Variational_multiscale We develop geometric modeling and computational algorithm for biomolecular structures from two data sources: Protein Data Bank (PDB) and Electron Microscopy Data Bank (EMDB) in the Eulerian (or Cartesian) representation. Molecular surface (MS) contains non-smooth geometric singularities, such as cusps, tips and selfintersecting facets, which often lead to computational instabilities in molecular simulations, and violate the physical principle of surface free energy minimization. Variational multiscale surface definitions are proposed based on geometric flows and solvation analysis of biomolecular systems. The resulting surfaces are free of geometric singularities and minimize the total free energy of the biomolecular system. High order partial differential equation (PDE)-based nonlinear filters are employed for EMDB data processing. After the construction of protein multiresolution surfaces, we explore the analysis and characterization of surface morphology by the consideration of Gaussian curvature, mean curvature, maximum curvature, minimum curvature, shape index, and curvedness. Based on the curvature and electrostatic analysis from our multiresolution surfaces, we introduce a new concept, the polarized curvature, for the prediction of protein binding sites.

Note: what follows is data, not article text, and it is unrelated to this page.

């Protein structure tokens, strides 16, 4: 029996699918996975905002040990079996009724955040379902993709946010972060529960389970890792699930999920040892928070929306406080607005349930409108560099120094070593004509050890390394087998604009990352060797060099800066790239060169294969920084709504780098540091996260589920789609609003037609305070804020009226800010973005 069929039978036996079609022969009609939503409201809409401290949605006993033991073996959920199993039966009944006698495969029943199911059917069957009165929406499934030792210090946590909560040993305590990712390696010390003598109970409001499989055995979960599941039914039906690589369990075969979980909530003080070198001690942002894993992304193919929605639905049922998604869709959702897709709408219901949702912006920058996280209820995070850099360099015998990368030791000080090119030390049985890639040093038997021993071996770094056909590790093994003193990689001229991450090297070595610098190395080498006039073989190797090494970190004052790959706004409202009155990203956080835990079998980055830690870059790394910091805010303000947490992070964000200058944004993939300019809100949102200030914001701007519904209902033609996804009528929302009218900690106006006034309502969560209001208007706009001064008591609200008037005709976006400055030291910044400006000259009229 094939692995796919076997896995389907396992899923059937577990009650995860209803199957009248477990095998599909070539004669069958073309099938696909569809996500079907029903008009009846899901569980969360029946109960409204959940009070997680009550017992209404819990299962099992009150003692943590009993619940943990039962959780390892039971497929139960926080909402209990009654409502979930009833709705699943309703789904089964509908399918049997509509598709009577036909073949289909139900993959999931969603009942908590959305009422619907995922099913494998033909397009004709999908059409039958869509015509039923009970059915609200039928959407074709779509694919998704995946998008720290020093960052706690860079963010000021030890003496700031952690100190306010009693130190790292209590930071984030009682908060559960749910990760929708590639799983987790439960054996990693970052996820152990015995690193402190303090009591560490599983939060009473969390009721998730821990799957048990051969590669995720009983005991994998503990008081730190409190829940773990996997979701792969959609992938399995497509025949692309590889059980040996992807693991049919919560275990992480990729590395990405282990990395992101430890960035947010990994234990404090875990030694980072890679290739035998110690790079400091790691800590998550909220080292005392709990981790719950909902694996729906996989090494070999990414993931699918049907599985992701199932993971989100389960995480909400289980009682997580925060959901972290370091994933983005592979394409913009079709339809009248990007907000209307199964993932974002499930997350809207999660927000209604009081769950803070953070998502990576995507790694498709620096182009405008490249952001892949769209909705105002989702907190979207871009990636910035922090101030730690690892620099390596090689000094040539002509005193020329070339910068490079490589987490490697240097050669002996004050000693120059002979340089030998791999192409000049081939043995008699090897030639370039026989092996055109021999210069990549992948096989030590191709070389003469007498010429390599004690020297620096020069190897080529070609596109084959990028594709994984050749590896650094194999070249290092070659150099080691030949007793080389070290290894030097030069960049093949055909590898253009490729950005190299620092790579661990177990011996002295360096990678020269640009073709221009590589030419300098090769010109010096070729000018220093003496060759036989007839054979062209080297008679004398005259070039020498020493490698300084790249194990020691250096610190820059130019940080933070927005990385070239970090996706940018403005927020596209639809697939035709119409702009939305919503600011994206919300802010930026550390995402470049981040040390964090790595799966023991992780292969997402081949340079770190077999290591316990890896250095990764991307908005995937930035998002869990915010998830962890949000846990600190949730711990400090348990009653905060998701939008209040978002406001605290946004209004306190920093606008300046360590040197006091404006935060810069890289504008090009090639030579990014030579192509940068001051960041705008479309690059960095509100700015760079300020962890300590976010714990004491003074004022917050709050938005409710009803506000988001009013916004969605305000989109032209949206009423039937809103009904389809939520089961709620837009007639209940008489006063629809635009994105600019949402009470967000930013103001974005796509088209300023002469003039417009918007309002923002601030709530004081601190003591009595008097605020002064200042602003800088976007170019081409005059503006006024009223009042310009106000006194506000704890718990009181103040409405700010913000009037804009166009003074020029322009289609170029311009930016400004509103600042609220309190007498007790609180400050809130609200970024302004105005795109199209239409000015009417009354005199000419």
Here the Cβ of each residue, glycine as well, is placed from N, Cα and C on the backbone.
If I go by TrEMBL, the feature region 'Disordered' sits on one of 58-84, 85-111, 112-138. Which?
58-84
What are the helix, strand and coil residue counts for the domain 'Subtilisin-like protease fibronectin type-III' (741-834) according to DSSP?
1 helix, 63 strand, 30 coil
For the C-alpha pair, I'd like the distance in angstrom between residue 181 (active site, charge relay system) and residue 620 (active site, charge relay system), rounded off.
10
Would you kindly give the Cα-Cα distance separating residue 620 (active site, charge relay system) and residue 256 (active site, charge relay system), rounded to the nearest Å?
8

• Protein flexibility and rigidity analysis